In a variety of courses offered through Idioma Education and Consulting, we encourage our in-service teachers to challenge their own thinking as they examine the critical issues that confront our students today. We have designed courses like Teaching World Languages through the Lens of Social Justice, Gender Identity in the World Language Classroom, and Cultural Integration in the World Languages Classroom. These courses present topics on race, gender, class, intersectionality, and intercultural competence that help our educators think of ways to enhance their units of study around social justice education. As important, both teachers and students will reflect on ways to ensure that we approach all people with fairness, respect, and dignity that all humans deserve. Using the construct of social justice education presented by Socia Nieto (2010), Idioma courses work to engage the in-service teacher and in turn promote student engagement around social justice issues:
- We challenge teachers (and therefore our students) to understand misconceptions of truth and stereotypes that plague our society.
- We provide teachers (and therefore our students) with a variety of resources to examine these critical issues while better understanding their biases and beliefs.
- We ask teachers to use their own cultural wealth and experiences to engage the students in work around social justice issues, which in turn draw on students’ cultural wealth and knowledge.
- We create an adult learning atmosphere that asks teachers to be critical thinkers and problem solvers modeling ideas and activities that can be adapted to promote this same thinking in their classrooms.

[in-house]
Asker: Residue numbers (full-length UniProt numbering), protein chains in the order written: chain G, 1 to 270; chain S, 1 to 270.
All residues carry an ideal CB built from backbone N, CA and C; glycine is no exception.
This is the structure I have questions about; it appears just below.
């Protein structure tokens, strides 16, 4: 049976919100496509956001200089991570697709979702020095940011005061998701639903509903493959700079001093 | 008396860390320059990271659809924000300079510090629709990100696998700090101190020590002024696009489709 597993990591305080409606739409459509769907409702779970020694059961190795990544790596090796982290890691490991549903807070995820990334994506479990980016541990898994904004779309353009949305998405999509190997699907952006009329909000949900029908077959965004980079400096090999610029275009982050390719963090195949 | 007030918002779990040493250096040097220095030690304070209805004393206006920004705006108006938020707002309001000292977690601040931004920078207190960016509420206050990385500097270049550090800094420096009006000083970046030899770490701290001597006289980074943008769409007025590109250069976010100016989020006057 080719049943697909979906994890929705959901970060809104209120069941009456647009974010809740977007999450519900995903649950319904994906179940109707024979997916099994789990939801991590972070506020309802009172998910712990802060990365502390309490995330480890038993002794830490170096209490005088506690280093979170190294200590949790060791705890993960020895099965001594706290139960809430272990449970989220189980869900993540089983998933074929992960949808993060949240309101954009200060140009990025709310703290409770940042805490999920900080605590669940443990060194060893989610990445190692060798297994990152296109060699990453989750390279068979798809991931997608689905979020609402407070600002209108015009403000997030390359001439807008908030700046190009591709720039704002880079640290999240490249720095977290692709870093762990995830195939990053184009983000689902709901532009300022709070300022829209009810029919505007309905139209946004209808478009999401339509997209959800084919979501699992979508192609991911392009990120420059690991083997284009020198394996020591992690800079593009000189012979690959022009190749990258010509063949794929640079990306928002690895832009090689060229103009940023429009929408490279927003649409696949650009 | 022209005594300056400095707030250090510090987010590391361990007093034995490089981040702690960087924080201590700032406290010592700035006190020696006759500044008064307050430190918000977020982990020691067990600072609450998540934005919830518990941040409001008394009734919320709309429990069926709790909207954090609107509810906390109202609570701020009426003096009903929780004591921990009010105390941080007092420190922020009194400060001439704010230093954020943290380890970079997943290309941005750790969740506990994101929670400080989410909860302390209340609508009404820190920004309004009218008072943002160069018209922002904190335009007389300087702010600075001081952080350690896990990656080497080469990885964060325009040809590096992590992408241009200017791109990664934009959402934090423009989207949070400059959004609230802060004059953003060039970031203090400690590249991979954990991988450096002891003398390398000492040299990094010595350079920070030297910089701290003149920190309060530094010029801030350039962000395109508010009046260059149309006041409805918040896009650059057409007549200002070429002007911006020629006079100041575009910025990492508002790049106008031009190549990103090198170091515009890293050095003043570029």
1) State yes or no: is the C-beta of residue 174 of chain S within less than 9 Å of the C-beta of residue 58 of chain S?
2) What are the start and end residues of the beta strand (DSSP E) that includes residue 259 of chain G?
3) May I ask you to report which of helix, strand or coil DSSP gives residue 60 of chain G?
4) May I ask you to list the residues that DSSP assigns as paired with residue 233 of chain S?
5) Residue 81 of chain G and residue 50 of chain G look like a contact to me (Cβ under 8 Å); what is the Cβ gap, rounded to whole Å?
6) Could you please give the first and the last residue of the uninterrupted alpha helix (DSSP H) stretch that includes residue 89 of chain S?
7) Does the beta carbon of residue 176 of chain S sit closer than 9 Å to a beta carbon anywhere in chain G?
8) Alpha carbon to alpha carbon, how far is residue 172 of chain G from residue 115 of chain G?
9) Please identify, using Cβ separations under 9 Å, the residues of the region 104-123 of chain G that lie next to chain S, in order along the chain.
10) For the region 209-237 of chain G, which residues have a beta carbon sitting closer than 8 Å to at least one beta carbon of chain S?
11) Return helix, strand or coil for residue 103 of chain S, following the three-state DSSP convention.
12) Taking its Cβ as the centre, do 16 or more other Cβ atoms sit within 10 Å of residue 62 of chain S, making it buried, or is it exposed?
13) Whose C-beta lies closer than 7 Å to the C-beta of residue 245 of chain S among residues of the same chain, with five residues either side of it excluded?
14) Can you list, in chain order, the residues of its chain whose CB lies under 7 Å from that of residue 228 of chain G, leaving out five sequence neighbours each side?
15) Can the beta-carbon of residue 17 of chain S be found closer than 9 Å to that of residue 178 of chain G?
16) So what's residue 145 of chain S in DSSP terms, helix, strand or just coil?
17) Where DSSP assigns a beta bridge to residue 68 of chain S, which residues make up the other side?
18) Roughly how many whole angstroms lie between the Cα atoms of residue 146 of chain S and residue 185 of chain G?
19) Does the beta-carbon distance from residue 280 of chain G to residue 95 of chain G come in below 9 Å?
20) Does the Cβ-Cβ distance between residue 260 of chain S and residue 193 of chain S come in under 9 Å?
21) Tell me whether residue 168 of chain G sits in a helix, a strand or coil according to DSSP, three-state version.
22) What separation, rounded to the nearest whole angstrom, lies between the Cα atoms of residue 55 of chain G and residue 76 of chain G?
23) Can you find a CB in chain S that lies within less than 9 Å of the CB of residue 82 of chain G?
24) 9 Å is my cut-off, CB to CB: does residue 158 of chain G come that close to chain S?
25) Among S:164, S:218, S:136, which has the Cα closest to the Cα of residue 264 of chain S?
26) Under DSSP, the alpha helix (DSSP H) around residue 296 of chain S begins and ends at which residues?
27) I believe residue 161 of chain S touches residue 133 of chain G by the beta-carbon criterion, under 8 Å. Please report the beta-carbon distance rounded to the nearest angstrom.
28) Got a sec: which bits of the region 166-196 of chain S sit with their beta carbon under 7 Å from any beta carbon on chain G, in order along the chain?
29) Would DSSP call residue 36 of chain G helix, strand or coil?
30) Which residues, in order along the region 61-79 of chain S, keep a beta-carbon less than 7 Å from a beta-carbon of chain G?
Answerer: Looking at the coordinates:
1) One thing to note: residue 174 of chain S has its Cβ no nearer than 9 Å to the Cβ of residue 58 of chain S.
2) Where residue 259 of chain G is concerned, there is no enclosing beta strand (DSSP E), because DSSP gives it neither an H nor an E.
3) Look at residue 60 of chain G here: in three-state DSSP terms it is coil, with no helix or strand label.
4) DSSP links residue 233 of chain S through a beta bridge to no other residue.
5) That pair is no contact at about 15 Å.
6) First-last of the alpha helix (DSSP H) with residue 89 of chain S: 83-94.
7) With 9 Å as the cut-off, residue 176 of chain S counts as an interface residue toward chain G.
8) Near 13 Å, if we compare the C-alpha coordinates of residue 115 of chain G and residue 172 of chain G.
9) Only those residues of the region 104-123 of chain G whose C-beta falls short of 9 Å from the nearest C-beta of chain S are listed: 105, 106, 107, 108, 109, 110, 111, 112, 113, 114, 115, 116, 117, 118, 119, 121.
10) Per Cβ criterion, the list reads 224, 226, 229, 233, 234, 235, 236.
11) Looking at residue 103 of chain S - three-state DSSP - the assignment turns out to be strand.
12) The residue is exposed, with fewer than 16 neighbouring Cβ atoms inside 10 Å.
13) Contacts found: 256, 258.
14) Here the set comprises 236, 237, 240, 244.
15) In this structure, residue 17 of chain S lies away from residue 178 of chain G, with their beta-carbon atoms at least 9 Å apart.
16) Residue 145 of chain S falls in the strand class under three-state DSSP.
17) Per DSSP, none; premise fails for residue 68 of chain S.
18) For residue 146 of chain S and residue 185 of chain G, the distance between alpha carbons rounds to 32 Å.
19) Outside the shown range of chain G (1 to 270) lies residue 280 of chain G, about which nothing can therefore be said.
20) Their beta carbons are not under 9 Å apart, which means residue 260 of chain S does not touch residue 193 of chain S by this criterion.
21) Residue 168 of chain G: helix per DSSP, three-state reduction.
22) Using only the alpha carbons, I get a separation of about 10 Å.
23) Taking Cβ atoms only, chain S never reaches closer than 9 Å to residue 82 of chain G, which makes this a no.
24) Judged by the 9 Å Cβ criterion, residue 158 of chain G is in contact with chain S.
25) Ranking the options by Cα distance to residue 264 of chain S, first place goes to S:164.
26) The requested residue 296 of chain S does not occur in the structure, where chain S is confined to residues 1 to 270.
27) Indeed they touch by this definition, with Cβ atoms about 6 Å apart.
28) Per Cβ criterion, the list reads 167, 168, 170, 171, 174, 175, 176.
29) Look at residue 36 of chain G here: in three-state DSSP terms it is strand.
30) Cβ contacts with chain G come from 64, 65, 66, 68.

At the heart of this work, we encourage our in-service teachers to develop their own critical thinking on issues of social justice education while reimagining their own curricular practices. As all of our courses at Idioma focus on the ACTFL 5 Cs of language learning, and our coursework relating to social justice education pays particular attention to the Cultures, Comparisons, and Communities strands of the framework (The National Standards Collaborative Board, 2015). Course material allows participants to look creatively at how authentic resources can enhance interpretation skills while simultaneously allowing students to compare products, practices, and perspectives of the target language and their own culture. This work and reflective process allows our teachers and their students to think about human interaction, relationships, and attitudes with the hope of building strong interpersonal relationships in our society.